Giz Explains: What's So Awesome About 64-Bit?

Illustration for article titled Giz Explains: What's So Awesome About 64-Bit?

The phrase "64-bit" has been tossed around lately, the most it's been since the Nintendo 64. If you haven't heard it, pay attention. One of the most important steps forward in computer power is happening right under your nose, but most people don't know thanks to the sneaky efforts of Microsoft and Apple. Though fully 64-bit operating systems are the OSes of tomorrow, you can taste some of that power today with 64-bit versions of Windows and OS X. Here's why 64-bit computing is so awesome:In a word, memory. We're not going to get super nerdy on you here (Wikipedia will gladly go there). To keep it simple, the whole bit thing (16-bit, 32-bit, 64-bit) refers to how much data the computer can keep track of, or talk to, at once, and that's what determines how much memory it can handle. A processor with 32-bit memory addresses can basically roll with 4GB of RAM. A 64-bit system can rock, on the other hand, 16 exabytes of RAM. That's 16.8 bmillion terabytes. Of RAM. You're not going to get that kind of memory, not anytime soon; for now, from a user standpoint, this means there's simply no ceiling to memory expansion. So while 32-bit hardware and software—the current norm in PC-land—limited you to 4GB of RAM (Physical Address Extension will let you have more, but 32-bit software will still only use 4GB), with 64-bit hardware and software, you can use vast amounts of RAM, which enables a whole new world of possibilities for applications, since they'll have a massive amounts of memory to work with. The road to 64-bit rather conveniently dovetails with the multi-core processor arms race, using graphics cards for processing and growth of parallel processing in mainstream computing. In other words, in just a short generation, applications will be able to harness an exponential increase in power over what they can use today—a crapload of processors working together with a smorgasbord of memory at their disposal. With 64-bit, computers can also crunch bigass numbers way faster, so it's excellent for science-y things. So get ready for some cool stuff. You're probably asking: Why not now? I've heard of this 64-bit stuff before. Well, the hardware has been around for a while—64-bit super computers go back decades, and AMD brought 64-bit processors to the mainstream a few years ago with the Athlon 64, for instance. The PowerPC G5 for Macs was also 64-bit. And if you buy a Core 2 Duo today, it's 64-bit. But the operating systems regular people use have essentially been slow to adopt 64-bit until recently, and won't plunge excluslively into 64-bit for another generation, Windows guru Ed Bott explained to us. Windows Vista ships with separate 32-bit and 64-bit editions, with Vista 64-bit being the first consumer-usable 64-bit version of Windows. Apple has been moving more and more of OS X over to a 64-bit architecture with every new version. Bott told us that while Windows 7 will have 32-bit and 64-bit versions, its eventual successor, Windows 8 (or whatever it's called) will likely be the first Windows that's exclusively 64-bit. Reportedly, next year's Mac OS X Snow Leopard will be 64-bit down to the kernel. The reason 64-bit is the future and not the present is that 64-bit is a whole different architecture from the 32-bit status quo—different kernel means different drivers, application compatibility issues, that kind of stuff. A swift, clean break means lots of headaches, especially for the corporate world, which, as Bott told us, is as big of a concern for Microsoft as the consumer space. That's why Apple has been transitioning OS X to total 64-bit over time, and why Microsoft will still ship a 32-bit version of Windows 7. And likely, Bott says, an exclusively 64-bit Windows 8 would have a virtualization setup to run 32-bit apps. "Fortuitously," he told us, "an x64 system with lots of memory should scream at virtualization." Another hitch on the path to true 64-bit glory that Bott raised is the question of "When will people outside of the specialized work software" like Adobe (Photoshop CS4 will be a native 64-bit application in Windows, though not in OS X) write 64-bit apps? With the coming wave of many-core parallel processing and ridiculous amounts of memory to take advantage of, programmers have a lot to play (and deal) with. Applications have to be re-written to take advantage of the multiple cores and huge amounts of memory at their disposable, and that transition is going to take some time. The other slight downside 64-bit Bott mentioned—and it is slight—is that hibernation will be slower, since all that memory means more to write to the hibernation file, and more to read when it wakes up. While that awesomeness sounds like it's too be good to be the norm anytime soon, it's not. Leopard already does quite a bit of 64-bit voodoo, like having a 64-bit GUI and Vista 64-bit is supplanting 32-bit on computer maker's systems, now that the driver situation isn't so abysmal. And while four totally usable gigs of RAM in a Vista machine is a thing of beauty, 6GB and 12GB will quickly become the standard for performance machines with the launch of Intel's Core i7, since it uses triple-channel memory—three delicious sticks of RAM—so 64-bit couldn't come soon enough.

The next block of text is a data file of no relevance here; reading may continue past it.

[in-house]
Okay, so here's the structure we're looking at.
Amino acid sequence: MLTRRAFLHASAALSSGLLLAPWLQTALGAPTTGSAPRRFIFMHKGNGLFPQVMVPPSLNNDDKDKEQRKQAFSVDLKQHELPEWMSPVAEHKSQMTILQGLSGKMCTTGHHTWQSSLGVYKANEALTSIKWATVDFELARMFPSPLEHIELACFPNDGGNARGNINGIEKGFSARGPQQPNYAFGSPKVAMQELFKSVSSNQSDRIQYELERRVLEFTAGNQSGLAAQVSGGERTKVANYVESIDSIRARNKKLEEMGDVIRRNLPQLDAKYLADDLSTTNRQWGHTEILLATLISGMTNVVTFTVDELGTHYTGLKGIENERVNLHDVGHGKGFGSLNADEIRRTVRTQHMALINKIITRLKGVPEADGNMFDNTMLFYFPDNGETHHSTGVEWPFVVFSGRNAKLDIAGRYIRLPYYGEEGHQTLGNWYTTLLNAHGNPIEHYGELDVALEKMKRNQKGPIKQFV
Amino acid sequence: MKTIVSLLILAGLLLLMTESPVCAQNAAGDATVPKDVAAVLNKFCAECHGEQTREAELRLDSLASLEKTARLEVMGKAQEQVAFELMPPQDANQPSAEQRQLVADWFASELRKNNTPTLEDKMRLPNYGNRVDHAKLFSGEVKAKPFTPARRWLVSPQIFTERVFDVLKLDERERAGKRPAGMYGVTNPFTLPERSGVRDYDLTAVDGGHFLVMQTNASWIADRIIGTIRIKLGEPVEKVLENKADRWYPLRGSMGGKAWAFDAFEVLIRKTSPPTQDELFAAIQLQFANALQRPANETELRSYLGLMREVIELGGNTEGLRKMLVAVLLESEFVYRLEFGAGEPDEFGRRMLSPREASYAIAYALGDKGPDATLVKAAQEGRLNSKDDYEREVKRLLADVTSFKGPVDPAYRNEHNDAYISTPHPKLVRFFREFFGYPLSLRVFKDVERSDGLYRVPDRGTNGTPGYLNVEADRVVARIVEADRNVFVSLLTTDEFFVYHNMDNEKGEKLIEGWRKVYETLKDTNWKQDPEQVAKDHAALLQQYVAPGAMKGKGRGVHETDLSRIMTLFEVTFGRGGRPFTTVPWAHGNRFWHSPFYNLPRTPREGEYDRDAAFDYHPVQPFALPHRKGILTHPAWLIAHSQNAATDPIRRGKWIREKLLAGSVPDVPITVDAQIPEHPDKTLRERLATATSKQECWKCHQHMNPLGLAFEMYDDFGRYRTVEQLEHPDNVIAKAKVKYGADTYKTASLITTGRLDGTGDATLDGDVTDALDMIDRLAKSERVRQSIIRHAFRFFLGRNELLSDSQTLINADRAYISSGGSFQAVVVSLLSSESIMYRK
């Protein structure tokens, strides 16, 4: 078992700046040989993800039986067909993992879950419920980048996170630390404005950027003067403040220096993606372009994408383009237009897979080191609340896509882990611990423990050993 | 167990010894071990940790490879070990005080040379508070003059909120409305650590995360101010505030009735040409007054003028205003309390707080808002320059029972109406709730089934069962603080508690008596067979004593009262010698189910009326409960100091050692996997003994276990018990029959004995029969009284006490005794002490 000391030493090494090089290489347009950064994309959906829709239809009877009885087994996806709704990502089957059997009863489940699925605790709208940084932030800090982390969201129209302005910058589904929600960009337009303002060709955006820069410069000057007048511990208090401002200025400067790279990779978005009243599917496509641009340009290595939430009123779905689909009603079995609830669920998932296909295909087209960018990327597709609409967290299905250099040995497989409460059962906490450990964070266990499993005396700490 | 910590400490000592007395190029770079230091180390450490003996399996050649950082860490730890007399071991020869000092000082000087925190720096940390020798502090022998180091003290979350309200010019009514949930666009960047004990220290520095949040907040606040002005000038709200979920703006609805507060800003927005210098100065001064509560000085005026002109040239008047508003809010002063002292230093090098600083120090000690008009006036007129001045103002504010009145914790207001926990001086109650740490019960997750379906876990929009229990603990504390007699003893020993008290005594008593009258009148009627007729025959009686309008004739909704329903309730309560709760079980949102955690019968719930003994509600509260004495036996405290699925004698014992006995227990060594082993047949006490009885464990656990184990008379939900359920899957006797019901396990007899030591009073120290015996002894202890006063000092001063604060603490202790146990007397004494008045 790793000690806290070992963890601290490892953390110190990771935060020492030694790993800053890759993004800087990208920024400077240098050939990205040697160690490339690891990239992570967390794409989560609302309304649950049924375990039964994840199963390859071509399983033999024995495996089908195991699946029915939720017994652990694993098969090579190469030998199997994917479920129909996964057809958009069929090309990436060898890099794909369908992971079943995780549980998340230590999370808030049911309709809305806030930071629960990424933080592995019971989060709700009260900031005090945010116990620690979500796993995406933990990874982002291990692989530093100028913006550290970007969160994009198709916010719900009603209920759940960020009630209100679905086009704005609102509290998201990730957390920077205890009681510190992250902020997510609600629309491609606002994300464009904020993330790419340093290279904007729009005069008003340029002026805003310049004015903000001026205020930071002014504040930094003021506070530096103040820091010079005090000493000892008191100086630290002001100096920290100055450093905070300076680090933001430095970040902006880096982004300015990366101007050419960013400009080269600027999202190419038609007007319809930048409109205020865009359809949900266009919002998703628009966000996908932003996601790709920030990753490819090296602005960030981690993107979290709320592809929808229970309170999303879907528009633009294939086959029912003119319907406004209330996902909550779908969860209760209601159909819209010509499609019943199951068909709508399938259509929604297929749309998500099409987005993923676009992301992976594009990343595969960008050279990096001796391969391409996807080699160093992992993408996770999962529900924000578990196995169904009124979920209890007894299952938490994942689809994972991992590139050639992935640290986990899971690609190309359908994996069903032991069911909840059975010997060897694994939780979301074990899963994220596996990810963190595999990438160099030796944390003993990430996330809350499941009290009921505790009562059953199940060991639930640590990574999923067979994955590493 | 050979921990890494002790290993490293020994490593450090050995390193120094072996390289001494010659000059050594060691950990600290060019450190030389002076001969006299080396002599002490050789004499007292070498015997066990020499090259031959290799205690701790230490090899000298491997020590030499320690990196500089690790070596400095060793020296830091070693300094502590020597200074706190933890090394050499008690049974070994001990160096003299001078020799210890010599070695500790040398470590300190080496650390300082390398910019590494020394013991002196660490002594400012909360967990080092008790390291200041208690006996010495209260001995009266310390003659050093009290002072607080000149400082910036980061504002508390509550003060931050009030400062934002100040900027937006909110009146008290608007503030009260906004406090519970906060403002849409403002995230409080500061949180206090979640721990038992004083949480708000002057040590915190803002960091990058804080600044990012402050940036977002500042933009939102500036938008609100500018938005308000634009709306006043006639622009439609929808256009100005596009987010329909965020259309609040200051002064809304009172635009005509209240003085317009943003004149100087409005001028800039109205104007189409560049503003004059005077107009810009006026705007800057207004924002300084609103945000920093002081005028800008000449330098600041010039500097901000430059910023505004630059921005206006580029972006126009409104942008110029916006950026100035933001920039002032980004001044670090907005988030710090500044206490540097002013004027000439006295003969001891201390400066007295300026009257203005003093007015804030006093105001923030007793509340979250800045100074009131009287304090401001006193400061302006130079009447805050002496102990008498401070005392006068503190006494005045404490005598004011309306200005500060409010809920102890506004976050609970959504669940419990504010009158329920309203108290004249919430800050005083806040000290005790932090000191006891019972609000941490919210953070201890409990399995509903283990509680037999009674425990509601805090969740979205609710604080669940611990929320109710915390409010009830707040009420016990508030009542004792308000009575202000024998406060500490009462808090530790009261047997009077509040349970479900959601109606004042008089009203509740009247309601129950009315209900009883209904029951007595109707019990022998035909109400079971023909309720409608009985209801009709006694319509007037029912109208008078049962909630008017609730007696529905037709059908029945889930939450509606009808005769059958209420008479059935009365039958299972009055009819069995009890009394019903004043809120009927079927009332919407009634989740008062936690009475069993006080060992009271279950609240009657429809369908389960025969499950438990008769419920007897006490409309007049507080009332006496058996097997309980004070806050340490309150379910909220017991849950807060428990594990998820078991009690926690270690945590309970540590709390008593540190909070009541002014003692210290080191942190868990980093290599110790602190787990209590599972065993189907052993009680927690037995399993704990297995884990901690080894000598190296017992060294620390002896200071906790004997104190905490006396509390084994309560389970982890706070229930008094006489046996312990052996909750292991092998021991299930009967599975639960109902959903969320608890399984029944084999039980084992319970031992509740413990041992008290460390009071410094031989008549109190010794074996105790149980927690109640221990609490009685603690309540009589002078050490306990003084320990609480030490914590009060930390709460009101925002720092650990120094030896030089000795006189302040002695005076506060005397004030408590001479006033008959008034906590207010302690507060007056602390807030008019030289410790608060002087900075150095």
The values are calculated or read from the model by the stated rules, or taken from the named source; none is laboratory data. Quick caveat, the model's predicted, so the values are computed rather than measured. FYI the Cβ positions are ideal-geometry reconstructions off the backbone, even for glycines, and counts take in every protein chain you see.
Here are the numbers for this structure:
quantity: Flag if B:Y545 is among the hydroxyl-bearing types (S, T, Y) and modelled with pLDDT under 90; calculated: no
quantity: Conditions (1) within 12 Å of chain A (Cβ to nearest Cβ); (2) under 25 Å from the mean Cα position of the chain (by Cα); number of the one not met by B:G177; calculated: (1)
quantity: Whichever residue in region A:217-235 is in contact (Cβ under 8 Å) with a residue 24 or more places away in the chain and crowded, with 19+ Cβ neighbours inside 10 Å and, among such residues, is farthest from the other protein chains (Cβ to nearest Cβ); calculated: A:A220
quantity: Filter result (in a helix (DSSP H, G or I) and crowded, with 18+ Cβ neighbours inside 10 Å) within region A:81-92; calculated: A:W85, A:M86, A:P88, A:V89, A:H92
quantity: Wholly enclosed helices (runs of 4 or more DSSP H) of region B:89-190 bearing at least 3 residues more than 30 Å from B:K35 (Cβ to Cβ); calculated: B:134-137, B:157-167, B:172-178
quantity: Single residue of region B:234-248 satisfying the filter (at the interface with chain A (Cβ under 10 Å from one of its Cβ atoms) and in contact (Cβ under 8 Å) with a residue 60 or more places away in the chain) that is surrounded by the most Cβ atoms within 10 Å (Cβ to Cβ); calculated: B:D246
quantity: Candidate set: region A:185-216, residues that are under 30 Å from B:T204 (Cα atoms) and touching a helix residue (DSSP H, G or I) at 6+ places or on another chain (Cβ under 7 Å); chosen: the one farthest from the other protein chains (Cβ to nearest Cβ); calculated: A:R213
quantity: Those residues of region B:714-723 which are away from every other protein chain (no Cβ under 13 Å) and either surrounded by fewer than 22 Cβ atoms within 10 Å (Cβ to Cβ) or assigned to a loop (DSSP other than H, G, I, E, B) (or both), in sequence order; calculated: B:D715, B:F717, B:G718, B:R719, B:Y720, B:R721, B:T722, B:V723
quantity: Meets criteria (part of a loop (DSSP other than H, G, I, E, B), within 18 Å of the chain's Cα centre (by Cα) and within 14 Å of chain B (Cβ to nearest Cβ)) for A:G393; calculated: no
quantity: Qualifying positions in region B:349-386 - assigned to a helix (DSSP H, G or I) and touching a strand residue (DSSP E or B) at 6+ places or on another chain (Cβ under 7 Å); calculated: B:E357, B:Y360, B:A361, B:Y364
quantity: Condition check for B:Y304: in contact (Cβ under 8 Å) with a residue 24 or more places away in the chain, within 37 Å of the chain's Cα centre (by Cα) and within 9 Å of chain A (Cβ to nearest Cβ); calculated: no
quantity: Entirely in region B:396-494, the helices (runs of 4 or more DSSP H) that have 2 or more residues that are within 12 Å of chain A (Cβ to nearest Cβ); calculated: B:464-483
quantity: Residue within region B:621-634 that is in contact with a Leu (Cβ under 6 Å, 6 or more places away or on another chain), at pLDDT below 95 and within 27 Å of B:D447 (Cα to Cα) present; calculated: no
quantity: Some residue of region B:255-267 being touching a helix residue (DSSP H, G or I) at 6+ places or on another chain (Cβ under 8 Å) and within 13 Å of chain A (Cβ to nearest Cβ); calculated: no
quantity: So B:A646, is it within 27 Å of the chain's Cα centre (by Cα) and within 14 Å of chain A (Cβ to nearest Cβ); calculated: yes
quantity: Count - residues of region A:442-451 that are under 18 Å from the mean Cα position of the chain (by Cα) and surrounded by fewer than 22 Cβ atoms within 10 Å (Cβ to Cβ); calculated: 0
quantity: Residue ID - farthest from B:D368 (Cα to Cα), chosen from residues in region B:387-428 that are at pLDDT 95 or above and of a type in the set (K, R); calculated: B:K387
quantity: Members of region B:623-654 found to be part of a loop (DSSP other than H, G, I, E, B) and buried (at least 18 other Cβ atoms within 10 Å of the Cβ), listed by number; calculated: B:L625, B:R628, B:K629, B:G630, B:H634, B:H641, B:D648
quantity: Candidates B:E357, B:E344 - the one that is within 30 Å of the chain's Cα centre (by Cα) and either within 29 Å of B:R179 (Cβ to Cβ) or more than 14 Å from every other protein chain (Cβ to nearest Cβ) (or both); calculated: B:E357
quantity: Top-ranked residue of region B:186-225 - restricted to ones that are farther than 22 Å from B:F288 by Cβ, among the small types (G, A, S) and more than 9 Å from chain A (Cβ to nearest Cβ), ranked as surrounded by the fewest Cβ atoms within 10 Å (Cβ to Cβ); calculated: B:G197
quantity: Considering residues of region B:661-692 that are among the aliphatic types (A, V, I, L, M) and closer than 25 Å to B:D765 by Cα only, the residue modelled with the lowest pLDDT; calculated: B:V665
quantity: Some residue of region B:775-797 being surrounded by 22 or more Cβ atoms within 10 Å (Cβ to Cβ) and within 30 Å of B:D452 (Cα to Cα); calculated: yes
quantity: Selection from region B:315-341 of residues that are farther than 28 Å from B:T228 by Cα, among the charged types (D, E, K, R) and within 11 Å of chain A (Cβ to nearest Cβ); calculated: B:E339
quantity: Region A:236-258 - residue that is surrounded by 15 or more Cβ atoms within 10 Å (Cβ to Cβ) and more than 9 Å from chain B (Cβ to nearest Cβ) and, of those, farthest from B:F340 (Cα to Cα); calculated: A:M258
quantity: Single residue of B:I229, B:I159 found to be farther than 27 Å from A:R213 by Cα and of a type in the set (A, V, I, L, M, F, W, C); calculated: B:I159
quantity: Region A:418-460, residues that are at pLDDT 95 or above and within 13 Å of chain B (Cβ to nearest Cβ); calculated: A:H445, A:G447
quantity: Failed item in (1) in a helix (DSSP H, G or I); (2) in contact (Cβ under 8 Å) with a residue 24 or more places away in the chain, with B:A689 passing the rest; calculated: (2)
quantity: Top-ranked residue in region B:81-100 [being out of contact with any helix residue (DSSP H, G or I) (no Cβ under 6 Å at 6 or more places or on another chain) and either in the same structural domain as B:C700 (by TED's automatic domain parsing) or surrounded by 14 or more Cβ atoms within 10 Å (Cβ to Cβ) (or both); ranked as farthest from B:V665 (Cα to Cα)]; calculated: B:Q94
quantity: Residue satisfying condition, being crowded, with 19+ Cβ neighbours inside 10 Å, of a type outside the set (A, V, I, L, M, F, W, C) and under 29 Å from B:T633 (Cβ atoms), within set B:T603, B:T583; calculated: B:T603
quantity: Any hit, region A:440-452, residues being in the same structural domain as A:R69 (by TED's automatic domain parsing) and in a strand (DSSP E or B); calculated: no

Anyone else remember when that 4GB seemed like an impossibly large number? I remember reading an article about that back when I was running on systems that had all of 4 megabytes of RAM in them, and thinking that there was no way I'd ever need that much memory.

Of course, the new computer I just built has 8GB of RAM in it, so it's running on Vista 64. The driver picture for 64-bit seems to be in a lot better shape now than it was just a year or so ago, and so far everything I've thrown at the thing runs quite fast.